In an opinion piece published on Thursday in The New York Times, acclaimed songwriter Jason Isbell reflected on the legacy of his late hero and mentor, John Prine. Prine, widely considered to be among the greatest songwriters of his generation, and Isbell, who’s held in similar regard for his own generation, had a long history of friendship and collaboration during Prine’s life.
In the piece, Isbell—who went from a childhood fan of Prine’s to close friend and collaborator—reflects on the lessons he learned from Prine and puts his genius in perspective in a way that only a wordsmith of his stature could muster. Read a selection of excerpts from Jason Isbell’s John Prine tribute in The New York Times below, or read the full piece here.
A few years ago, my wife, Amanda Shires, was touring in Scandinavia with John Prine, and when they arrived in Sweden she saw him write “songwriter” on his customs form as his occupation. “When did you decide that it was OK to write ‘songwriter’ on these forms?” she asked him. “Today,” he told her. “I usually put dancer.”
John Prine was not a dancer. He was a songwriter and one of the best that ever lived, but he did love to dance. He danced around his house in Nashville with his wife, Fiona, danced in the driver’s seat of his beloved Cadillac and danced offstage every night, twirling an imaginary pocket watch. Once while performing onstage with John, I noticed him glance down past his Italian driving shoes to check the digital clock on the floor, and he saw me notice. He leaned in and whispered, “I wish we had more time. …
John was in his early 20s when he wrote “Hello in There” from the perspective of an old man sharing an empty nest with his lonely wife. Hearing him sing the song after decades of hard living and surviving numerous illnesses brought new meaning to the lyrics, now delivered by a man who had caught up with the character he created. John always said when he grew up, he wanted to be an old person. …
His songs sounded like they’d been easy to write, like they’d just fallen out of his mind like magic. He was praised for his dry humor and loved for his kindness and generosity. John had the courage to write plainly about the darkest aspects of the American experience in songs like “Sam Stone,” about a drug-addicted Vietnam veteran; “Paradise,” about the devastating effects of strip mining on a Kentucky town; and “The Great Compromise,” about his disillusionment with his country. Among his peers in the legendary Nashville songwriting community of the 1980s, his songs were the gold standard.
Of all the things I love about John’s songwriting, my favorite is the way he could step so completely into someone else’s life. John had the gift and the curse of great empathy. In songs like “Hello in There” and “Angel From Montgomery,” he wrote from a perspective clearly very different from his own — an old man and a middle-aged woman — but he kept the first-person point of view. He wrote those songs and the rest of his incredible debut album while a young man working as a letter carrier in Chicago. “Angel From Montgomery” opens with the line “I am an old woman/named after my mother.”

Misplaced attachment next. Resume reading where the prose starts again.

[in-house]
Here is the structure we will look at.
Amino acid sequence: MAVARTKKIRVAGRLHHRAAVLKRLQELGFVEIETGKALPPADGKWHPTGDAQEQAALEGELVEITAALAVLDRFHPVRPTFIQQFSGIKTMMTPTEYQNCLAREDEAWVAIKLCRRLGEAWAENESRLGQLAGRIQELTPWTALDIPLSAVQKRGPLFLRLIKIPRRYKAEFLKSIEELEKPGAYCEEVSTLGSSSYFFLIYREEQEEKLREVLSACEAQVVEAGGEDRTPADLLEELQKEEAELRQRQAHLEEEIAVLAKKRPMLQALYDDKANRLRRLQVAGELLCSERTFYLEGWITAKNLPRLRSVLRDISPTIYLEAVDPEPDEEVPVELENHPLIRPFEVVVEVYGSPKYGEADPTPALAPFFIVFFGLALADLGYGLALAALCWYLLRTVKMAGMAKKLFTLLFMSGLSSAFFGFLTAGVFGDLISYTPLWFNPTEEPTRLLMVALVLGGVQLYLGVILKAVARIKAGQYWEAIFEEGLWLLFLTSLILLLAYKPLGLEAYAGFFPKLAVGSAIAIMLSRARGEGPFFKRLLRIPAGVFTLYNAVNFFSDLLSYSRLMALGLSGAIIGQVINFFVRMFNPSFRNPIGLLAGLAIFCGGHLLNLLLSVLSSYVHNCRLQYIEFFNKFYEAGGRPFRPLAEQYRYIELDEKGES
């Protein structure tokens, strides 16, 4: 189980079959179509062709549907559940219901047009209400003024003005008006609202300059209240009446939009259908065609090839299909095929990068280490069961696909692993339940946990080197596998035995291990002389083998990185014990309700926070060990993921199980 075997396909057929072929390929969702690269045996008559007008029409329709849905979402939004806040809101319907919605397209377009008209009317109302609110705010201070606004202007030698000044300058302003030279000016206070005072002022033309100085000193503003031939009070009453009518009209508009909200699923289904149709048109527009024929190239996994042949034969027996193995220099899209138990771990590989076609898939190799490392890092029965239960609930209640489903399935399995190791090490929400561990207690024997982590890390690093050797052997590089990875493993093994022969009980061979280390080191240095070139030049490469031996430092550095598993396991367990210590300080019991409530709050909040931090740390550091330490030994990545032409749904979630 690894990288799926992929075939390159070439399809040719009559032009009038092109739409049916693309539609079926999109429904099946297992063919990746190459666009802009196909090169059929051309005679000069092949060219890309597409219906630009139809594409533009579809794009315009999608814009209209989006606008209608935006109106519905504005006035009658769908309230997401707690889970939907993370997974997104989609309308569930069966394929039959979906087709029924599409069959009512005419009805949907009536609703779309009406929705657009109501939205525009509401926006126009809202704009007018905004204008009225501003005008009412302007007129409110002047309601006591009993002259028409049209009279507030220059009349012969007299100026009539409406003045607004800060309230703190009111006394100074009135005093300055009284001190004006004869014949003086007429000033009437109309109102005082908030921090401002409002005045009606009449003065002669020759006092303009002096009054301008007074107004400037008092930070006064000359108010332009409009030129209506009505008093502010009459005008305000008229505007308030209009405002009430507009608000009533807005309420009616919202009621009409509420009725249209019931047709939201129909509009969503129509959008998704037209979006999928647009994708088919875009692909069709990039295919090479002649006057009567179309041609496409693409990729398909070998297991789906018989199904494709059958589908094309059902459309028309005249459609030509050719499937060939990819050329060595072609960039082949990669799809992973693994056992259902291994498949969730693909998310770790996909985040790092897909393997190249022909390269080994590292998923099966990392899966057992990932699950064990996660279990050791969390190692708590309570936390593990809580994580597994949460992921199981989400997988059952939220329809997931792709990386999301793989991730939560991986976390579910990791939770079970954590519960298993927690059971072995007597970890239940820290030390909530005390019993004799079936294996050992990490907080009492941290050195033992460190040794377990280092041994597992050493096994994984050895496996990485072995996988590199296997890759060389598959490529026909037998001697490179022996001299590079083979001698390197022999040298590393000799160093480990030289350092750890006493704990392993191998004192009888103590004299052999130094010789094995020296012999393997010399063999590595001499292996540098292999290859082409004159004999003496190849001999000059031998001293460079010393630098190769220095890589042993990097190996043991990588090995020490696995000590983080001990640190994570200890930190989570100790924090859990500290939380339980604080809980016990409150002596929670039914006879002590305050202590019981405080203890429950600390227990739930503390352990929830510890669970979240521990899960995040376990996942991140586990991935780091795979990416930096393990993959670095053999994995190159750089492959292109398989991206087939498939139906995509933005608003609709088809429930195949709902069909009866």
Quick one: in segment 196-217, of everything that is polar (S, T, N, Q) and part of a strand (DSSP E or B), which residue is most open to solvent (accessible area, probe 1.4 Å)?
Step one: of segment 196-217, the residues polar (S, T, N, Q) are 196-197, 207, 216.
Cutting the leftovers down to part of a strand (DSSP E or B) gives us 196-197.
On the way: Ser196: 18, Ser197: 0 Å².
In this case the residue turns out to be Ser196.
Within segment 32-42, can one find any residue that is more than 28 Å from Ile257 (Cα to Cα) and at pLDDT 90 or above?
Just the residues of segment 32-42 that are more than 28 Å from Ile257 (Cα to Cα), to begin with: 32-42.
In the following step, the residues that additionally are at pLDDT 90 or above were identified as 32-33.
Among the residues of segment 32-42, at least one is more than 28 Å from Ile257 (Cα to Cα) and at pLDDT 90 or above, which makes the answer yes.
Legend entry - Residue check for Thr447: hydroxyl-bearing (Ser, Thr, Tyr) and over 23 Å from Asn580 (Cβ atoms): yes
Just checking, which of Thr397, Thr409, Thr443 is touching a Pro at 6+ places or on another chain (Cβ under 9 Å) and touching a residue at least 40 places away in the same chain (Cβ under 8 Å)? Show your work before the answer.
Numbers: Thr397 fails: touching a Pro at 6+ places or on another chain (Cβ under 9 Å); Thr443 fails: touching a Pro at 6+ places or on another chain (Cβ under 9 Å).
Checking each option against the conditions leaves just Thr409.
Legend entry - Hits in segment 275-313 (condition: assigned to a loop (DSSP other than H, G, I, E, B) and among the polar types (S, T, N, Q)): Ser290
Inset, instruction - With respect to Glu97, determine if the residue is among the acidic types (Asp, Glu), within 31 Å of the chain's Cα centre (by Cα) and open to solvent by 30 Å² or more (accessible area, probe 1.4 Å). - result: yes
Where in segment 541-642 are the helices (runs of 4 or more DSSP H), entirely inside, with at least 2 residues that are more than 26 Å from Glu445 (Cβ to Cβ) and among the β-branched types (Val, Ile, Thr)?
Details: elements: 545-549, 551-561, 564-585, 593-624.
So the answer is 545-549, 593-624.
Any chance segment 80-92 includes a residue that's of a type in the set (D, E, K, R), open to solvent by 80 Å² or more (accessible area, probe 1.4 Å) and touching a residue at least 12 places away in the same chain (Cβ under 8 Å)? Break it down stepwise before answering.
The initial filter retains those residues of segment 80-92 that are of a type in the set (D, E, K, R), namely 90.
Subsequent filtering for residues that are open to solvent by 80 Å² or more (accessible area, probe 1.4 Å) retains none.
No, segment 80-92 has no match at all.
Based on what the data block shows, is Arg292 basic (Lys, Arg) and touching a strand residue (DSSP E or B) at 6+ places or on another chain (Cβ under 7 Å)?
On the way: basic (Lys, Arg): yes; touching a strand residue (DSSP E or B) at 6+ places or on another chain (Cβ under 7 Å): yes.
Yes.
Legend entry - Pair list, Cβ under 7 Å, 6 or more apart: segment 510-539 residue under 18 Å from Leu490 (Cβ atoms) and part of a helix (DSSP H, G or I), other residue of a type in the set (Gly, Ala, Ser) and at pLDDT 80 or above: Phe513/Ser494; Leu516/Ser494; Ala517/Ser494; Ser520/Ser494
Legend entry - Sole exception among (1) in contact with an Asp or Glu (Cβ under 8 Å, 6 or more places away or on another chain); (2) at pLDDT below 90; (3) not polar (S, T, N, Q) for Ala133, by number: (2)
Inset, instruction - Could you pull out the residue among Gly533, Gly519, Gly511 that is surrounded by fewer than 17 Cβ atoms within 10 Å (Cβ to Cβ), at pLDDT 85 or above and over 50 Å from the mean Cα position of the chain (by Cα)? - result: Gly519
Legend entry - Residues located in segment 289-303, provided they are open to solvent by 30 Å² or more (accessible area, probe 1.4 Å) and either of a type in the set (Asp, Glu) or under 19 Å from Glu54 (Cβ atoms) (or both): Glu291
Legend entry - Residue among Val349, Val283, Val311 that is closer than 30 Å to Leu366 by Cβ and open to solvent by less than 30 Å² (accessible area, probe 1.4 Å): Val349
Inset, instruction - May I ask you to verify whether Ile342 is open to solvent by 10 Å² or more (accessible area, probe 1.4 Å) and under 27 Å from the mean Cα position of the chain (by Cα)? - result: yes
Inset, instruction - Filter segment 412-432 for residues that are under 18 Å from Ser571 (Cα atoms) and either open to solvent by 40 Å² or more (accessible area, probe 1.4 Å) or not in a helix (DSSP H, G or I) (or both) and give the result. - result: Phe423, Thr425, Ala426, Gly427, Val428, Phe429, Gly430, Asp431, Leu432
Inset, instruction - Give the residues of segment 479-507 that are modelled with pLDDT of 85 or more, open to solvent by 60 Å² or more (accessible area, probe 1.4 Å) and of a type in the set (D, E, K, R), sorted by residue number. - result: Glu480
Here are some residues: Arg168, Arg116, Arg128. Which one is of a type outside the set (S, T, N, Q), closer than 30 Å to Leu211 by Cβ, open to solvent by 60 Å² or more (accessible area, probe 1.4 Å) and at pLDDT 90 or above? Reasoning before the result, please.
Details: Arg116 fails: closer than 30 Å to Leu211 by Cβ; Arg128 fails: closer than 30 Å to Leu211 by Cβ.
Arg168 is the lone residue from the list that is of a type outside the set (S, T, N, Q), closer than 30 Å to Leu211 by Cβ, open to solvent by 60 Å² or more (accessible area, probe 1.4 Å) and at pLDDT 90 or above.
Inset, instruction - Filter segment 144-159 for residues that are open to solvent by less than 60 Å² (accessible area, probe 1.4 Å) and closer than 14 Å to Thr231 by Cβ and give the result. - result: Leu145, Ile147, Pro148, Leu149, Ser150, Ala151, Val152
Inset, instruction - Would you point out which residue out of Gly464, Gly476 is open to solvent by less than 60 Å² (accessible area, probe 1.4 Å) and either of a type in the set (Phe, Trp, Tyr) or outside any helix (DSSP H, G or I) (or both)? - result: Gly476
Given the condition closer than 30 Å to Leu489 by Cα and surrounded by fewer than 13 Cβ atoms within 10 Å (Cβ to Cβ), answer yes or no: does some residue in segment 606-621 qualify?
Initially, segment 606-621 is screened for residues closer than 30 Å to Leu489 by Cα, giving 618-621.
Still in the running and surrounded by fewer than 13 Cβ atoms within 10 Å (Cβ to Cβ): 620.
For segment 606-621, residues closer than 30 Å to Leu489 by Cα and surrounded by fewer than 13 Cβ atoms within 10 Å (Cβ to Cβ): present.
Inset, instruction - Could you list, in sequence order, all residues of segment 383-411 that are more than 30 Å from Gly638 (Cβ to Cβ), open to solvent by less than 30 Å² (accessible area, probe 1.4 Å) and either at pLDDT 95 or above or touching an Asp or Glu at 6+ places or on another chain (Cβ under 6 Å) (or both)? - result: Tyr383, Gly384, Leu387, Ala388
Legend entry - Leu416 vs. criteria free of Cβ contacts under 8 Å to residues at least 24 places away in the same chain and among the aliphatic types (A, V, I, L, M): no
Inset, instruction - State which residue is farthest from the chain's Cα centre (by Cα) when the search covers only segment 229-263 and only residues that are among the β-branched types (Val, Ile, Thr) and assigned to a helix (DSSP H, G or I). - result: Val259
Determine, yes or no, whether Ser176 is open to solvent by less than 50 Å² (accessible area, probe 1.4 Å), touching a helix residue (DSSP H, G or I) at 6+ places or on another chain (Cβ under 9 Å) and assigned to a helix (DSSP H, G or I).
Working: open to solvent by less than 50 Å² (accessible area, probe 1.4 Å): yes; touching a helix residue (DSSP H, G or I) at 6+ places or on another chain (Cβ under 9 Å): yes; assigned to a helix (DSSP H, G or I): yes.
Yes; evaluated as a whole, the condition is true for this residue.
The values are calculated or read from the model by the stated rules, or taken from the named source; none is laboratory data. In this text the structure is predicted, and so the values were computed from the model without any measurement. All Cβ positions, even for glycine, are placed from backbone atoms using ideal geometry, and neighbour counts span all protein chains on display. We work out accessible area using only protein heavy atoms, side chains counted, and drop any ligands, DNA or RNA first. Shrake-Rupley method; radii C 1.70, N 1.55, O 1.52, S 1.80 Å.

I remember hearing his 1971 recording of this song for the first time and thinking, “No, you’re not.” Then a light bulb went on, and I realized that songwriting allows you to be anybody you want to be, so long as you get the details right. John always got the details right. If the artist’s job is to hold a mirror up to society, John had the cleanest mirror of anyone I have ever known. Sometimes it seemed like he had a window, and he would climb right through. …
And there was more to John’s life than music. John and Fiona Prine had a beautiful relationship, loving and balanced and kind. Fiona understood John better than anyone else. After Amanda and I were married, Amanda started asking all the couples we knew, “What’s the secret to staying together?” John and Fiona gave the same answer, and it was the best one we’ve heard so far: Stay vulnerable. John remained vulnerable in love and in his work. He never played it safe.
When I was a baby, my 17-year-old mother would lay me on a quilt on the floor of our trailer in Alabama and play John Prine albums on the stereo. Forty years later, my daughter would call him Uncle John as he bounced her on his knee. My wife and I would sing his songs with him in old theaters or sometimes in his living room. In the summer, we’d all eat hot dogs with our feet dangling in his swimming pool. Now he’s gone and my heart is broken.
This week, John Prine danced off this stage and onto the next one, and I like to think he’s somewhere sharing a song and a cocktail with all the friends he outlived.
Rest in peace, John Prine. You are loved.